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How Large is the BIas in Self-Reported Disability Status?

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  • Hugo Benitez-Silva

    ()

  • Moshe Buchinsky
  • Hiu-Man Chan
  • Sofia Cheidvasser
  • John Rust

Abstract

A pervasive concern with the use of self-reported health and disability measures in behavioral models is that they are biased and endogenous. A commonly suggested explanation is that survey respondents exaggerate the severity of health problems and incidence of disabilities in order to rationalize labor force non-participation, application for disability benefits and/or receipt of those benefits. This paper re-examines this issue using a self-reported indicator of disability status from the Health and Retirement Survey. Using a bivariate probit model we test and are unable to reject the hypothesis that the self-reported disability measure is an exogenous explanatory variable in a model of individual's decision to apply for DI benefits or Social Security Administration's decision to award benefits. We further study a subsample of individuals who applied for Disability Insurance and Supplemental Security Income benefits from the Social Security Administration (SSA) for whom we can also observe SSA's award/deny decision. For this subsample we test and are unable to reject the hypothesis that self-reported disability is health and socio-economic characteristics similar to the information used by the SSA in making its award decisions. The unbiasedness restriction implies that these two variables have the same conditional probability distributions. Thus, our results indicate that disability applicant do not exaggerate their disability status at least in anonymous surveys such as the HRS. Indeed, our results are consistent with the hypothesis that disability applicants are aware of the criteria and decision rules that SSA uses in making awards and act as if they were applying these same criteria and rules when reporting their own disability status.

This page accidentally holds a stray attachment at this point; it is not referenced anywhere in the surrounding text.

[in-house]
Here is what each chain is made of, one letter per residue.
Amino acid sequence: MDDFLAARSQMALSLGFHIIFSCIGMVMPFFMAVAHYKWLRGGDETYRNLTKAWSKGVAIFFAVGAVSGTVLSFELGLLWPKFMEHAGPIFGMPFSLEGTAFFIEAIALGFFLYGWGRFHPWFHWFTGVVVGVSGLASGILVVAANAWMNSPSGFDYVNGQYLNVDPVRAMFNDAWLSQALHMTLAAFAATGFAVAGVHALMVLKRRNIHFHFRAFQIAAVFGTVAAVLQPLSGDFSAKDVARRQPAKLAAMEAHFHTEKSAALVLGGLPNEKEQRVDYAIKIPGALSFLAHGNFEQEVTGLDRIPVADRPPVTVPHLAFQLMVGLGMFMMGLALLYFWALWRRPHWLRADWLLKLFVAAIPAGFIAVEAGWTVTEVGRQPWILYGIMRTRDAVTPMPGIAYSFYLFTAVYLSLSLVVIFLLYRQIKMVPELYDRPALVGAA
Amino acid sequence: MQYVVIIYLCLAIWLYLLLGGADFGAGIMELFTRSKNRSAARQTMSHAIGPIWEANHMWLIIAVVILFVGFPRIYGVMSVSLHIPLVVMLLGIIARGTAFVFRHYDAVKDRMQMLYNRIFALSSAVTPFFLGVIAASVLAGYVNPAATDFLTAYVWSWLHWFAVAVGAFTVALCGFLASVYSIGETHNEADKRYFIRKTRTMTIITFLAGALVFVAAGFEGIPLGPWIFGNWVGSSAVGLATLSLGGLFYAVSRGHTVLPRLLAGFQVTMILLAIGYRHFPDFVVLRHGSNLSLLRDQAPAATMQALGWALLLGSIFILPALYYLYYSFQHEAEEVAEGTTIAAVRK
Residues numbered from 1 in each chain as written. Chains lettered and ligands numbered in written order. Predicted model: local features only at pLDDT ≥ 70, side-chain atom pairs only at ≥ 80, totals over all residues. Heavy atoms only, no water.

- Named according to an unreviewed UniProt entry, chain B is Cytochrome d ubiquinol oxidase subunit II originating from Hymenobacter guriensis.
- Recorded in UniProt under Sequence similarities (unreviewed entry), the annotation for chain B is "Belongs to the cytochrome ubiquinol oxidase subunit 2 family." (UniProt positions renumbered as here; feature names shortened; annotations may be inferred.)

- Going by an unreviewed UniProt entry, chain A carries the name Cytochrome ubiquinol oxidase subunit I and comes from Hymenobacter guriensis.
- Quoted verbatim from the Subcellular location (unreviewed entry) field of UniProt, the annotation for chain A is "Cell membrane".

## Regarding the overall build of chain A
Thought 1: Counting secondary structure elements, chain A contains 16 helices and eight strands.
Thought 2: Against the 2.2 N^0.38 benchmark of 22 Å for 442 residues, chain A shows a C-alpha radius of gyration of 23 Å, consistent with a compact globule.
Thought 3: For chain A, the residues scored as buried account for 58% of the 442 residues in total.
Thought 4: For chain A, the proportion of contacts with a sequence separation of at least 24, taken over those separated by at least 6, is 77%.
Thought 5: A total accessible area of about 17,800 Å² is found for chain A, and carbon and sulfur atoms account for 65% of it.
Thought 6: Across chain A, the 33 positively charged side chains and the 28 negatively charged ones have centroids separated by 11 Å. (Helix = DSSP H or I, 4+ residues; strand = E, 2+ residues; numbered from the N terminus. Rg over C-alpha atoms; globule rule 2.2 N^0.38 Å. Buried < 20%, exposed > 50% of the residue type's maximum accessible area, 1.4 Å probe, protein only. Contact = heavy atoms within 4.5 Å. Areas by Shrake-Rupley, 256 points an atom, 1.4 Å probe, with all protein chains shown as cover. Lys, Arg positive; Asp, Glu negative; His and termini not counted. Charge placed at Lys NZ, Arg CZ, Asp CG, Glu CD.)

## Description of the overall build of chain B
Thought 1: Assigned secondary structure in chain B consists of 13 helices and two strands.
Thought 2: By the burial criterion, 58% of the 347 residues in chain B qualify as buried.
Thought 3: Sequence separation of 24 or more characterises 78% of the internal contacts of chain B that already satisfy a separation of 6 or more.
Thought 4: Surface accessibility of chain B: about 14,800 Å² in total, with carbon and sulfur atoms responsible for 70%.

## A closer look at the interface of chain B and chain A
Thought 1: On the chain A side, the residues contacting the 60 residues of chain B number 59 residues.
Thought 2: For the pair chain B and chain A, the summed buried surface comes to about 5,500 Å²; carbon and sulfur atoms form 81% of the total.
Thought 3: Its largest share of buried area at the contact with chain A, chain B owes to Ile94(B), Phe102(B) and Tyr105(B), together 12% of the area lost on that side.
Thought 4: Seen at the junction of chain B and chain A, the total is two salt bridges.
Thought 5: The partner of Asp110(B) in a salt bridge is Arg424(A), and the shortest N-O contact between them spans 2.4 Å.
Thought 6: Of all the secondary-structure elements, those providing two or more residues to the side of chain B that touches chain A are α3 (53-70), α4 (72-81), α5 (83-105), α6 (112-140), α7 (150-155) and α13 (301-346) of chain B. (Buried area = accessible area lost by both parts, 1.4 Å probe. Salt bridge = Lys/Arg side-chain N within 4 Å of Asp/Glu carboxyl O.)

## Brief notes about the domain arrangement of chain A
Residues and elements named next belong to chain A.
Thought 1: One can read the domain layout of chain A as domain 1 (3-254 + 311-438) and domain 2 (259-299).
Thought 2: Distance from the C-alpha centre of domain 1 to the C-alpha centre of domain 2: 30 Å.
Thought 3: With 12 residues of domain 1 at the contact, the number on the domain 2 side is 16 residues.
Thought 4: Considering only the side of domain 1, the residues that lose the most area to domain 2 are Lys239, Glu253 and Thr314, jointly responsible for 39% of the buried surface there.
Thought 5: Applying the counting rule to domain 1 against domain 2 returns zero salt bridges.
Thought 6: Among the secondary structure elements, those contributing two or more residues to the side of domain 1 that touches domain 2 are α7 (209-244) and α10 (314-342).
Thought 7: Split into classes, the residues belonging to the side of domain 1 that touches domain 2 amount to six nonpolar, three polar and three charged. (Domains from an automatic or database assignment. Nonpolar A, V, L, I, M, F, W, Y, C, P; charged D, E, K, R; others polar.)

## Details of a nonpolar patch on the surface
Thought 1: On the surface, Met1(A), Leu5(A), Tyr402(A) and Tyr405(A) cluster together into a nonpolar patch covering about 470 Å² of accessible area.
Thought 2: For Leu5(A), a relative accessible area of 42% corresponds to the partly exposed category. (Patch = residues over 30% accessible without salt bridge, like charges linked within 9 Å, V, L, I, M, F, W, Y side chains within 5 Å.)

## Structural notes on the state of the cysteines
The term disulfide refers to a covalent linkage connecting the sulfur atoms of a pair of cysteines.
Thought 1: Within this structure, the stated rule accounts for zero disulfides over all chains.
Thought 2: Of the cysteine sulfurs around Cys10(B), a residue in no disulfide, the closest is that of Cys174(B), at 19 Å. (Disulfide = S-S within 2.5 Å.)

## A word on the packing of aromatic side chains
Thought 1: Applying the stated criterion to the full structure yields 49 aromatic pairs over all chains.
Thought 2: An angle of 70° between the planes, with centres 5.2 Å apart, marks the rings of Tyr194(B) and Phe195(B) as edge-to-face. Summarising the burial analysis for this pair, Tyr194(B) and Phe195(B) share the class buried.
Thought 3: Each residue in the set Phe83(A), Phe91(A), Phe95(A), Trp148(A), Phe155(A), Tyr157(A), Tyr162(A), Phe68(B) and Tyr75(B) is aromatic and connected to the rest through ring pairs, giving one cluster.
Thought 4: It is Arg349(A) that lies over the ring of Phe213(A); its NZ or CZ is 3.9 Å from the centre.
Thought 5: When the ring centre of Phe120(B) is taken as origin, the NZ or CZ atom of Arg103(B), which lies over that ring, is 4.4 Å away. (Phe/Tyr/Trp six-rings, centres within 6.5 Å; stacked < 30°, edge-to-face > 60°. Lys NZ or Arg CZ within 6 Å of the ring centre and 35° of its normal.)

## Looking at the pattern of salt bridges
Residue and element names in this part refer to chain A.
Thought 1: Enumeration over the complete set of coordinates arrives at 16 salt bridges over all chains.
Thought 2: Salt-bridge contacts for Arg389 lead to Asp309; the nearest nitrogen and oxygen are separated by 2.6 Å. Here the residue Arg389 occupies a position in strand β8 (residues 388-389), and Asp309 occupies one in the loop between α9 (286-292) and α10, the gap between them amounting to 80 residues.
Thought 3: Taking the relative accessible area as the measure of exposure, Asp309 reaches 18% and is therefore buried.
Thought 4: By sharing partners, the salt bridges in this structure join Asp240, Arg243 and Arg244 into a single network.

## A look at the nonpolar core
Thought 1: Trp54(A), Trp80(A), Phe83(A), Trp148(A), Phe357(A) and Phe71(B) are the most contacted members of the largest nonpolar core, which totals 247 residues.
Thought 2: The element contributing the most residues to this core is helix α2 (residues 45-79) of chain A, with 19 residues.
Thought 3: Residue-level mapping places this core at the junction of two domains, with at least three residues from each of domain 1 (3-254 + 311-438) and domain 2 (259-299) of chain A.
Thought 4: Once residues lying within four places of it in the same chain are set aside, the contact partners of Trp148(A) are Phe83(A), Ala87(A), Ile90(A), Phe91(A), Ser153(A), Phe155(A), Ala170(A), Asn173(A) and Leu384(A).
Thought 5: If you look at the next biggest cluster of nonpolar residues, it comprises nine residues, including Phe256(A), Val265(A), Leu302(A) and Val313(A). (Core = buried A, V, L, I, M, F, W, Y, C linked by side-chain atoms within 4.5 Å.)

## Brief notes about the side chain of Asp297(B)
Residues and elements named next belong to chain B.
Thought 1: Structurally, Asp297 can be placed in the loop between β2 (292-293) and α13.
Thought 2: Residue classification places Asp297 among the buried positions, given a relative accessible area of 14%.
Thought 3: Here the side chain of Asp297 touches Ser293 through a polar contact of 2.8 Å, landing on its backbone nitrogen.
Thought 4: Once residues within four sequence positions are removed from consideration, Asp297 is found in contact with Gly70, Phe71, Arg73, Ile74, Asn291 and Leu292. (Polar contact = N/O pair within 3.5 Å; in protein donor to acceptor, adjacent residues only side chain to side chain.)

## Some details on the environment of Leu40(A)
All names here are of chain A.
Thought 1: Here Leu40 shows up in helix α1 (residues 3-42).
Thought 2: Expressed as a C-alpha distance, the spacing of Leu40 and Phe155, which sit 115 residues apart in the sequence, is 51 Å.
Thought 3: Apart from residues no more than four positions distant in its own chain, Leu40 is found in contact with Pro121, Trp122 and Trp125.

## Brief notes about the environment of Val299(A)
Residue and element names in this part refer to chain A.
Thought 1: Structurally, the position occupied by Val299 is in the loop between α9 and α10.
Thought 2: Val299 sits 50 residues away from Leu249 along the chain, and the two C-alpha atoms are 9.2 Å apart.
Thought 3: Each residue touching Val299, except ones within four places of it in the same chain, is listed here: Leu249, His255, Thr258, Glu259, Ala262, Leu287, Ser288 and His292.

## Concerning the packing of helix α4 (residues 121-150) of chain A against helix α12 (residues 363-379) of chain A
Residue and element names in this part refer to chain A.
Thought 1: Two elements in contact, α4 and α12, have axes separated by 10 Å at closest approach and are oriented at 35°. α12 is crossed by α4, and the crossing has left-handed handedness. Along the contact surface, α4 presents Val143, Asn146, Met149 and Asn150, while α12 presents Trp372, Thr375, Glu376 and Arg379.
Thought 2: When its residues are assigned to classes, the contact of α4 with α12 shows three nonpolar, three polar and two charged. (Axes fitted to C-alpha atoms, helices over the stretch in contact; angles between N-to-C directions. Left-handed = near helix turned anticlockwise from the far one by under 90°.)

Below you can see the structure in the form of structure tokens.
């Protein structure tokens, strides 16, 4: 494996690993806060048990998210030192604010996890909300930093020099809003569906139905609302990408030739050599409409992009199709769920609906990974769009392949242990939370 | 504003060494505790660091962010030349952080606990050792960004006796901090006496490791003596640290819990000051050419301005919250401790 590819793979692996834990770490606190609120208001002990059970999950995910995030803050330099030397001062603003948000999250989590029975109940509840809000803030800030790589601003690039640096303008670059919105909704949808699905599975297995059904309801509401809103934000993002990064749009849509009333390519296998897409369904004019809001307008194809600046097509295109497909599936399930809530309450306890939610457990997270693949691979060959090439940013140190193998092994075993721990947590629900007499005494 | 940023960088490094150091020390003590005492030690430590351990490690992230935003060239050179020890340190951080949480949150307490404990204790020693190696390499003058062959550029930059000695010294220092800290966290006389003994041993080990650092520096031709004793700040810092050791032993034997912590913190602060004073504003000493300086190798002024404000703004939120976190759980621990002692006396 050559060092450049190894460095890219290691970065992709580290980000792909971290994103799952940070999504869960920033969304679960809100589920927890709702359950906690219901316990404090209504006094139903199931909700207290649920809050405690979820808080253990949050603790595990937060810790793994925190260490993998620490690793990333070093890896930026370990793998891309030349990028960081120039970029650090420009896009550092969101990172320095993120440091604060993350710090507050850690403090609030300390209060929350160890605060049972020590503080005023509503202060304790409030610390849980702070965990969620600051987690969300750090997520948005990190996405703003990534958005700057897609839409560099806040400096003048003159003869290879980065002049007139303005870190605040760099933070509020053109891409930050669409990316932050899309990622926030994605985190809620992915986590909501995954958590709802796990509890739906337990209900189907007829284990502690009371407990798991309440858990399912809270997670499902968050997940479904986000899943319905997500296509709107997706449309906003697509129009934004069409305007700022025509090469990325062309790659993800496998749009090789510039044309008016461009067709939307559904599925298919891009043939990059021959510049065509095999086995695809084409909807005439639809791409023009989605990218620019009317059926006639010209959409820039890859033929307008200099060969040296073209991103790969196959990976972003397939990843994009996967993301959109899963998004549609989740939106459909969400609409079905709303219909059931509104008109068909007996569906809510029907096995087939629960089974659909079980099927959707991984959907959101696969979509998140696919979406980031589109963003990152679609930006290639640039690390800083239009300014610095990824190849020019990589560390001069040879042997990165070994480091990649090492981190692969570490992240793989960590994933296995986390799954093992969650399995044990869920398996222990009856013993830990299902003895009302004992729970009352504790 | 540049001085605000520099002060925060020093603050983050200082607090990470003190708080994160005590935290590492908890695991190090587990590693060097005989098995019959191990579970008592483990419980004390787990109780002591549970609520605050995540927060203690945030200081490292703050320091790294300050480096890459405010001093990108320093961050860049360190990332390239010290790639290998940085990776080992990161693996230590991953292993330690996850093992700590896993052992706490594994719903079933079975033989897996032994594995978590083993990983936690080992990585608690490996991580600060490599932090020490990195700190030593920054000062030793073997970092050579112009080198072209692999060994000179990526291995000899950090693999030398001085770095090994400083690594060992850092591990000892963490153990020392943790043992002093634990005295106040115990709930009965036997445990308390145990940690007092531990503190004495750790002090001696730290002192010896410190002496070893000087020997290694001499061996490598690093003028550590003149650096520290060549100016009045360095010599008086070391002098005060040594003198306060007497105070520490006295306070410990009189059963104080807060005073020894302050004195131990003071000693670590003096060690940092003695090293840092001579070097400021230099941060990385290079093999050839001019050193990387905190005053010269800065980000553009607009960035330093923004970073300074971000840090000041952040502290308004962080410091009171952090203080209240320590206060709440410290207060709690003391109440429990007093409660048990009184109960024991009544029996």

Suggested Citation

  • Hugo Benitez-Silva & Moshe Buchinsky & Hiu-Man Chan & Sofia Cheidvasser & John Rust, 1999. "How Large is the BIas in Self-Reported Disability Status?," Department of Economics Working Papers 99-02, Stony Brook University, Department of Economics.
  • Handle: RePEc:nys:sunysb:99-02
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    File URL: http://www.stonybrook.edu/commcms/economics/research/papers/1999/99-02.pdf
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    Cited by:

    1. Hugo Benitez-Silva & Sofia Sheidvasser, 2000. "The Educated Russian's Curse: Returns to Education in the Russian Federation," Department of Economics Working Papers 00-05, Stony Brook University, Department of Economics.
    2. Teresa Bago d’Uva & Maarten Lindeboom & Owen O’Donnell & Eddy van Doorslaer, 2011. "Slipping Anchor?: Testing the Vignettes Approach to Identification and Correction of Reporting Heterogeneity," Journal of Human Resources, University of Wisconsin Press, vol. 46(4), pages 875-906.

    More about this item

    Keywords

    Social Security; Disability; Health and Retirement Survey; Conditional Moment Tests;

    JEL classification:

    • H5 - Public Economics - - National Government Expenditures and Related Policies

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